The Null Device

Posts matching tags 'bis'

2012/11/15

Today in Extreme JavaScript: An original IBM PC, simulated in the browser. It has a CGA adapter and two simulated floppy drives, into which one can load a number of pre-supplied images, including several versions of MS-DOS PC-DOS, as well as VisiCalc and Microsoft Adventure. Not only that, but, if left to its own devices, it will run an order of magnitude faster than an original IBM-PC.

Anyway, the simulation is fully functional on all modern browsers (that I've tested). It's booting the original IBM PC Model 5150 ROM BIOS (no modifications), and it's loading the original MDA/CGA fonts. This configuration gives you more control, allowing you to toggle any of the SW1/SW2 settings to change the memory configuration, the installed video card (MDA or CGA), and the number of diskette drives. There's also a built-in debugger with lots of DEBUG-like commands, only better. And you can create your own configuration by tweaking the underlying XML file. I'll eventually do a write-up explaining how to embed it on your own web page and what options are available. The process is very similar to embedding the C1Pjs simulation that I wrote earlier this year--the XML is just a little different.
The author, a chap named @jeffpar, is now looking to add more features to his emulator, bumping up the display to EGA graphics, upgrading the CPU to a 286 and adding a serial mouse.

This is not the first PC emulator to be written in JavaScript; some two years ago, a chap named Fabrice Bellard wrote a JavaScript-based PC emulator capable of booting Linux on a JavaScript-emulated Pentium box. Bellard's emulator, though more powerful than a 1981 IBM PC, was purely text-based.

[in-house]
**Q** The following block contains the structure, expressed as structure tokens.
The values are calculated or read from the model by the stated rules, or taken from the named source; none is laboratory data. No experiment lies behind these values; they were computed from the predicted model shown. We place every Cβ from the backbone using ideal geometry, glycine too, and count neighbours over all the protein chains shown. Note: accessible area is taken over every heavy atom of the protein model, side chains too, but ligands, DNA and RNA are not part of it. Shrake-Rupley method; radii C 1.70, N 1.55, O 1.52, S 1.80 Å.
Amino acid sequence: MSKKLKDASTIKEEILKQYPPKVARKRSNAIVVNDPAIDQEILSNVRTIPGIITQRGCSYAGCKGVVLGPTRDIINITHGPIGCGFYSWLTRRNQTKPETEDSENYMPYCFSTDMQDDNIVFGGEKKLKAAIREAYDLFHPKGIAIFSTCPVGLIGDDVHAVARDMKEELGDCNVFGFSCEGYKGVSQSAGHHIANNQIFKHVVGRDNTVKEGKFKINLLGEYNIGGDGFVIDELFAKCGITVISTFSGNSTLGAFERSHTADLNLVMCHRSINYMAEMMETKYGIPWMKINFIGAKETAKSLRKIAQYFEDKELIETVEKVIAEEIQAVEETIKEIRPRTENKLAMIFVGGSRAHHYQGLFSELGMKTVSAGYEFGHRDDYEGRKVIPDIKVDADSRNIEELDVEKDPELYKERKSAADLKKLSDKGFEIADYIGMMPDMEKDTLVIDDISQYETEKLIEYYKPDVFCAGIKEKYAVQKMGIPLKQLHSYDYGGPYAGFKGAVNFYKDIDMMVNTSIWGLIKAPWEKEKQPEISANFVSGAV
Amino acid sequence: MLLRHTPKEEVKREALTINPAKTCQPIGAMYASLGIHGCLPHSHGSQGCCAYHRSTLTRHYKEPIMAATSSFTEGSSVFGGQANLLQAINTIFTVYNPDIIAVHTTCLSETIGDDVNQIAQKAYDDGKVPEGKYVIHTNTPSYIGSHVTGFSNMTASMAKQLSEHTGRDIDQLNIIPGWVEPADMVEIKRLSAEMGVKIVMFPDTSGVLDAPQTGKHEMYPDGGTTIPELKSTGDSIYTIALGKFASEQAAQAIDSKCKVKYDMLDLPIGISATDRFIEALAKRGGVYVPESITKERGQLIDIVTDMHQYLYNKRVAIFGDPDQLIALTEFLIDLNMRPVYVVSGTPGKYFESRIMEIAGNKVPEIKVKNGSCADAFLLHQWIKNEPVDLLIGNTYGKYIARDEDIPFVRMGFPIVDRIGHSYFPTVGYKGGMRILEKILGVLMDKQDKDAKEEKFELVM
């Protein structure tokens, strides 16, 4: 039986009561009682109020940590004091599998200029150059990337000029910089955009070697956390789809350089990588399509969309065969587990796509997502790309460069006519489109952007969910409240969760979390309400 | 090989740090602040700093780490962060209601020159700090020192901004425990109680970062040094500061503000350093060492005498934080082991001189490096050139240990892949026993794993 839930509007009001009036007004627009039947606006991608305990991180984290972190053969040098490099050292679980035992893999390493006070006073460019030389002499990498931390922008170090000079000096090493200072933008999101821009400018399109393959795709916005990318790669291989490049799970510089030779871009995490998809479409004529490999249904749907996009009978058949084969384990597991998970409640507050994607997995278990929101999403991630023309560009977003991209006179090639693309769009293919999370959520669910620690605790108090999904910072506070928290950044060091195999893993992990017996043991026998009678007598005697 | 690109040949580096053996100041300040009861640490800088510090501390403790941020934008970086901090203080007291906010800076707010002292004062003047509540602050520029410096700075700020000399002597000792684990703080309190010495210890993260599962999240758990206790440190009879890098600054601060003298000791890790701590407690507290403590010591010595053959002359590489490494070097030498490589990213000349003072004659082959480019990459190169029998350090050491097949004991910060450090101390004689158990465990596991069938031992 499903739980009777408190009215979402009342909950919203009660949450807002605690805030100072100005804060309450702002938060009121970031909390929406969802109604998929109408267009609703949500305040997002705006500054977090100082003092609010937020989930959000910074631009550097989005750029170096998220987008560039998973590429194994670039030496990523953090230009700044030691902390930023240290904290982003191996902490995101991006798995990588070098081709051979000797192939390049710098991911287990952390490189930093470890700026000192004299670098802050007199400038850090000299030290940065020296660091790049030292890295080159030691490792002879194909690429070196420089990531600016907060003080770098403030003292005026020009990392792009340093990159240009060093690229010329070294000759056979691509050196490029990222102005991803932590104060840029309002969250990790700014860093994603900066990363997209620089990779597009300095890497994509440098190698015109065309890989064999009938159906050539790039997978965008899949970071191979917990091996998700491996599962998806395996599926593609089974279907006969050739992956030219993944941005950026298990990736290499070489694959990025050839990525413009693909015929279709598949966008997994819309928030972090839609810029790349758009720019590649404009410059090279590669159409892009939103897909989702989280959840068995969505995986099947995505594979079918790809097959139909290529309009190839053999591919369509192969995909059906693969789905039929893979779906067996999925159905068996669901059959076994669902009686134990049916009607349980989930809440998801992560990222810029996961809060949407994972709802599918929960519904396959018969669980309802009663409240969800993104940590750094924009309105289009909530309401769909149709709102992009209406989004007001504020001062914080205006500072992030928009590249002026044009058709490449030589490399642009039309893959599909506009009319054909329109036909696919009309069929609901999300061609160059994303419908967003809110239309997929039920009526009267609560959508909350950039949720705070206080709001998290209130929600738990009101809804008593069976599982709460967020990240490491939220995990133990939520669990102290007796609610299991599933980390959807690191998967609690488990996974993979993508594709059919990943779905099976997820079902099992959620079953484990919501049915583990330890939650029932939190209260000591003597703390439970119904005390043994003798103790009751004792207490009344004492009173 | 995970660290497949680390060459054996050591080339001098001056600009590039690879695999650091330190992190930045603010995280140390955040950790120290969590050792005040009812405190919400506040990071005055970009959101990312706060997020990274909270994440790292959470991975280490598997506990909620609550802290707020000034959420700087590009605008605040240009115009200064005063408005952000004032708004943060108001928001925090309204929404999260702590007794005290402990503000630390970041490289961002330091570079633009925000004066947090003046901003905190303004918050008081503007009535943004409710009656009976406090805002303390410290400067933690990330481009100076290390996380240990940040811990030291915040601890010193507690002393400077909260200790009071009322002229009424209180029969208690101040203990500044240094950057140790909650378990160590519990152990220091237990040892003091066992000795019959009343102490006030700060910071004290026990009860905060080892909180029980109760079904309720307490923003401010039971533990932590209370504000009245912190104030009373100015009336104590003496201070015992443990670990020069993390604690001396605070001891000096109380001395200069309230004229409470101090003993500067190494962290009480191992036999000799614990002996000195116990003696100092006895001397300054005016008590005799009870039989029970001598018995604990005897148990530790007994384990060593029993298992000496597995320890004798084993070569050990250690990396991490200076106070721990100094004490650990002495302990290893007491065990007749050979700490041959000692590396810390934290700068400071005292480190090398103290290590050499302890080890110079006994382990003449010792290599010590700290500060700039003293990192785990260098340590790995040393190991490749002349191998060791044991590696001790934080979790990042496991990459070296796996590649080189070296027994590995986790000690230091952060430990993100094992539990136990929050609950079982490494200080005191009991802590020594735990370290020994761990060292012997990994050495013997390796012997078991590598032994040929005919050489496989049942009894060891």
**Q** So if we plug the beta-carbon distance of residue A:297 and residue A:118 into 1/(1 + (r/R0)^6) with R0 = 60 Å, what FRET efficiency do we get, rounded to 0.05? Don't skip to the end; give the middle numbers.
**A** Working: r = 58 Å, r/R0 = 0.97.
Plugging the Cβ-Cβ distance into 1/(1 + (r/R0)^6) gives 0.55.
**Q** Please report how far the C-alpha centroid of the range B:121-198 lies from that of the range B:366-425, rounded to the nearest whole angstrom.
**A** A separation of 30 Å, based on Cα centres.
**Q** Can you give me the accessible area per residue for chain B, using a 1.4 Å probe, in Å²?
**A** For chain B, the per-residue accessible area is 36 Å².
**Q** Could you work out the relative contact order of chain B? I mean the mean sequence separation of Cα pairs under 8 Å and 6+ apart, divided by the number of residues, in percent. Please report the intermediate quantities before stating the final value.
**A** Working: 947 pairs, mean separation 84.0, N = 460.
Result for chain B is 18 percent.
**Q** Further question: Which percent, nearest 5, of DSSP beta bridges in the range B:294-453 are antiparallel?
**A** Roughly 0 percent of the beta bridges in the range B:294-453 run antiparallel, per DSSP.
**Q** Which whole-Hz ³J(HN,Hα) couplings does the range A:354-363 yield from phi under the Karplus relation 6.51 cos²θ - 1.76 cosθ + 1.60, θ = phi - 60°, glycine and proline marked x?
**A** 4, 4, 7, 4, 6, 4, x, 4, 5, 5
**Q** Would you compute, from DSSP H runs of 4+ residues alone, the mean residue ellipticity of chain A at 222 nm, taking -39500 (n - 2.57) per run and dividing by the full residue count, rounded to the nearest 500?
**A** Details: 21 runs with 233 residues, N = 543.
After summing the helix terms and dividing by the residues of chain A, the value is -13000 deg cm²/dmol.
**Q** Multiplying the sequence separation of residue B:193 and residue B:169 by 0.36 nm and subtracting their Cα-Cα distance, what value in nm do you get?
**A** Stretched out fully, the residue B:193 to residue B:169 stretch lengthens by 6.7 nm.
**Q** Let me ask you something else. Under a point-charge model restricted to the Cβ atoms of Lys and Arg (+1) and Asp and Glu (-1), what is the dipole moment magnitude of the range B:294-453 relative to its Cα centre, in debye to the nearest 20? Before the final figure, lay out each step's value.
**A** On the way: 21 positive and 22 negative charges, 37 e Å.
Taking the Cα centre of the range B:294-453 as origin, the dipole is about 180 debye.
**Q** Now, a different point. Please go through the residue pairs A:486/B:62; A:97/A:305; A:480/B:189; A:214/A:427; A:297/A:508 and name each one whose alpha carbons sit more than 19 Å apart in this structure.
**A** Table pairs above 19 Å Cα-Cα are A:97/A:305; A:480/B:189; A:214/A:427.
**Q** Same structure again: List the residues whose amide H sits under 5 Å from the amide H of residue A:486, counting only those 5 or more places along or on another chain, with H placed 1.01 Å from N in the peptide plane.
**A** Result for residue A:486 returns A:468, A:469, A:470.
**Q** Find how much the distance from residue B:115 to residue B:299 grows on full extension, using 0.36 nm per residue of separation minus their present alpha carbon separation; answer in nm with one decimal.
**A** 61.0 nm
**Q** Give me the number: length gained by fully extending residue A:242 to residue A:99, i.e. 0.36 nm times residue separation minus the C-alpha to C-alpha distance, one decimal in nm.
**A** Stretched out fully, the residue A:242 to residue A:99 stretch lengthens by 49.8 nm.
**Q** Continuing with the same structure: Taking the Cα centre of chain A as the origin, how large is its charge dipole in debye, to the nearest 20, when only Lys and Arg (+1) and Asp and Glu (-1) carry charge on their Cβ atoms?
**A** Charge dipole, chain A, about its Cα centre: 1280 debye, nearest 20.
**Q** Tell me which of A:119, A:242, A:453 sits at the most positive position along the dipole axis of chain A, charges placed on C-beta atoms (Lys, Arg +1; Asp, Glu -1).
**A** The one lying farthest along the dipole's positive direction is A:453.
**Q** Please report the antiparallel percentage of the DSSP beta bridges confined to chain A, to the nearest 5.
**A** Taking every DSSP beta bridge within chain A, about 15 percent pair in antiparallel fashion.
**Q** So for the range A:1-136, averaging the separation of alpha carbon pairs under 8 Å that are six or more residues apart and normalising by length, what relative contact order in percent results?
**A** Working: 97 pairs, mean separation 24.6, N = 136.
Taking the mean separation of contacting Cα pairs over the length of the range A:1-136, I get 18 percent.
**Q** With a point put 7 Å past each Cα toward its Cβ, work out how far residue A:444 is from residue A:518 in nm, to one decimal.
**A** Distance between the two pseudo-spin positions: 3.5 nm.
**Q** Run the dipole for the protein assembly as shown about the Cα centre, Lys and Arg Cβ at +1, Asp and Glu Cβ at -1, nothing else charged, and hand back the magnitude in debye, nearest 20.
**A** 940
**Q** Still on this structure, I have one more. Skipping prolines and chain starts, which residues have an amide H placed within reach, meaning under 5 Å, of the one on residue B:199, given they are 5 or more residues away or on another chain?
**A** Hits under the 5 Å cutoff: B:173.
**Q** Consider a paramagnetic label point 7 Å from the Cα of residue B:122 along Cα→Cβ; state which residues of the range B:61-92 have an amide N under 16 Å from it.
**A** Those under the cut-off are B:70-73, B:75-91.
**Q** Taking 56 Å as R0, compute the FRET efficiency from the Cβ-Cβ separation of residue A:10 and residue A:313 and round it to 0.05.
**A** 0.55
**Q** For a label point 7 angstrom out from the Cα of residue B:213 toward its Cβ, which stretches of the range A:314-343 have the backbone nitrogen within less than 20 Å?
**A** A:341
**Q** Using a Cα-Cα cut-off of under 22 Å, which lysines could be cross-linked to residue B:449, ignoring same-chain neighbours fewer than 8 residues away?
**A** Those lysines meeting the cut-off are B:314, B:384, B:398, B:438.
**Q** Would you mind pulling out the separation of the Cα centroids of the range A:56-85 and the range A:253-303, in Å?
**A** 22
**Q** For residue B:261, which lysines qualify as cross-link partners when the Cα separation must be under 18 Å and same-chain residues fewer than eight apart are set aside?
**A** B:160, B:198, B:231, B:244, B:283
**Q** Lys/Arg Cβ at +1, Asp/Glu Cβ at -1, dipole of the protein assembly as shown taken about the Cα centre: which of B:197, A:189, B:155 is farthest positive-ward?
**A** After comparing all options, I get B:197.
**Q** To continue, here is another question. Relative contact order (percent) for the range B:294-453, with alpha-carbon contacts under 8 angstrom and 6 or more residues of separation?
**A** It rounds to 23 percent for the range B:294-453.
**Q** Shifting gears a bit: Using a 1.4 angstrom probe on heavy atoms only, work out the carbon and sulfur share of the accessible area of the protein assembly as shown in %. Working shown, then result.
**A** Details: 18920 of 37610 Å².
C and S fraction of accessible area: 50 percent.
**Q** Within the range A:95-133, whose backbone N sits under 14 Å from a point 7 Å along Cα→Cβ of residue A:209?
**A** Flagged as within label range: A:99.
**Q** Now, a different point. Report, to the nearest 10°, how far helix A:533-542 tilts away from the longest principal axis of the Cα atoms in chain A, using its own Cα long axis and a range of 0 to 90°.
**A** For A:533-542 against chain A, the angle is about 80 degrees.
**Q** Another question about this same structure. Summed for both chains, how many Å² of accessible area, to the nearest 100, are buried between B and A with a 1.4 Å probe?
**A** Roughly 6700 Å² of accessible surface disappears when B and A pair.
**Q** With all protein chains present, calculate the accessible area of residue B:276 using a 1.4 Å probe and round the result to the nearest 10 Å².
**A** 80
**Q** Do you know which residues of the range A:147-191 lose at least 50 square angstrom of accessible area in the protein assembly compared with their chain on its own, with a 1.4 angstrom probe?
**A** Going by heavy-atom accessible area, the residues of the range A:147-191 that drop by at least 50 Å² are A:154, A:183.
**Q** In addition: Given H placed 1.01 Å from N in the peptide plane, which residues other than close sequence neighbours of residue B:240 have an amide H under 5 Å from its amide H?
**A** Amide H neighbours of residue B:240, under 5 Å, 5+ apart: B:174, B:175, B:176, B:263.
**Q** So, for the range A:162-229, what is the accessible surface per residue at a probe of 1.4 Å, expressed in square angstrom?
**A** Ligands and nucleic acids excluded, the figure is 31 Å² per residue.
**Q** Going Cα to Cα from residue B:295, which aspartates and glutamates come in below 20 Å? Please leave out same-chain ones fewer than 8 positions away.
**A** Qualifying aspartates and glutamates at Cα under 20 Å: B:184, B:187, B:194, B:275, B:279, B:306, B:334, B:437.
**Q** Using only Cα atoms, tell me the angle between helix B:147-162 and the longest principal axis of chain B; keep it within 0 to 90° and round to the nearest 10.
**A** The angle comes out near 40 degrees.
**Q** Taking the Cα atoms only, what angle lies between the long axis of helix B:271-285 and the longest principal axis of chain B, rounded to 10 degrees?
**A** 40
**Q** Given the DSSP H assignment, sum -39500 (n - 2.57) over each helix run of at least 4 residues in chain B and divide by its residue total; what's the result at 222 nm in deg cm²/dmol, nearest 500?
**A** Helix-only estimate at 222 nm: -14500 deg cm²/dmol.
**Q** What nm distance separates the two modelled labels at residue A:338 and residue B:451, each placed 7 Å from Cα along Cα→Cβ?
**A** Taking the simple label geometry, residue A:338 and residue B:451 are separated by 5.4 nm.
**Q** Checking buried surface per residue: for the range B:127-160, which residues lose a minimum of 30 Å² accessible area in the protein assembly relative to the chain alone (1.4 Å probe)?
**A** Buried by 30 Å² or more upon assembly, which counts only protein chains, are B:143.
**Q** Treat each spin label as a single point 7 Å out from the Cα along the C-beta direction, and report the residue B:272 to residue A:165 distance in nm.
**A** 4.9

Also on doing cool things with JavaScript: Stuart Memo (who was in the 1990s Glaswegian punk/electropop band Bis) is now writing music tools in JavaScript, using the Web Audio API. He has a few demos here, and recently gave a talk at JSConf in Berlin titled JavaScript is the new Punk Rock, where he envisioned an open browser-based music-making platform.

awesome bis ibm javascript ms-dos music pc retrocomputing 0

2006/11/29

Scottish skronk-pop trio Bis have reformed, albeit for two gigs only. Bis will be playing at King Tut's in Glasgow on the 6th of April, and the NME/Carling/Xfm/VirginMobile Academy in Islington on the 7th.

(via Londonist) bis gigs glasgow indie 0

2002/11/24

A brief review of a few of the CDs I picked up in the UK (well, the ones I've had a chance to at least partially digest), in alphabetical order by artist:

  • Ballboy, Club Anthems 2001: File alongside The Smiths and Belle & Sebastian. The spoken-word track about space travel isn't bad, and Sex Is Boring, which bags house music and club culture, also has its charms.
  • Below The Sea, the loss of our winter: Credible guitar-driven post-rock instrumentals from France. tropic of cancer is probably my favourite track so far. Unfortunately, my copy seems to have a defect which results in a fluttering noise when played; though one could argue that it's not as noticeable as it would be in other musical genres.
  • Bis, The End Starts Today: some remixes from their most recent album, along with their speech synth-driven cover of Love Will Tear Us Apart, which is probably the highlight.
  • Clan of Xymox, Medusa: A combination of reverb-heavy 80s studio rock, minor-key synthpop and goth-club floor-filler material, with the distinct touch of 4AD about it; a sort of Frankie Goes Eurogoth. Check out the heavily-processed guitars, rapid-fire drum machine patterns and po-faced Brendan Perry-meets-Andrew Eldritch vocals, as imitated by every other dodgy Cleopatra band from the US Midwest since, though this is a notch above all that.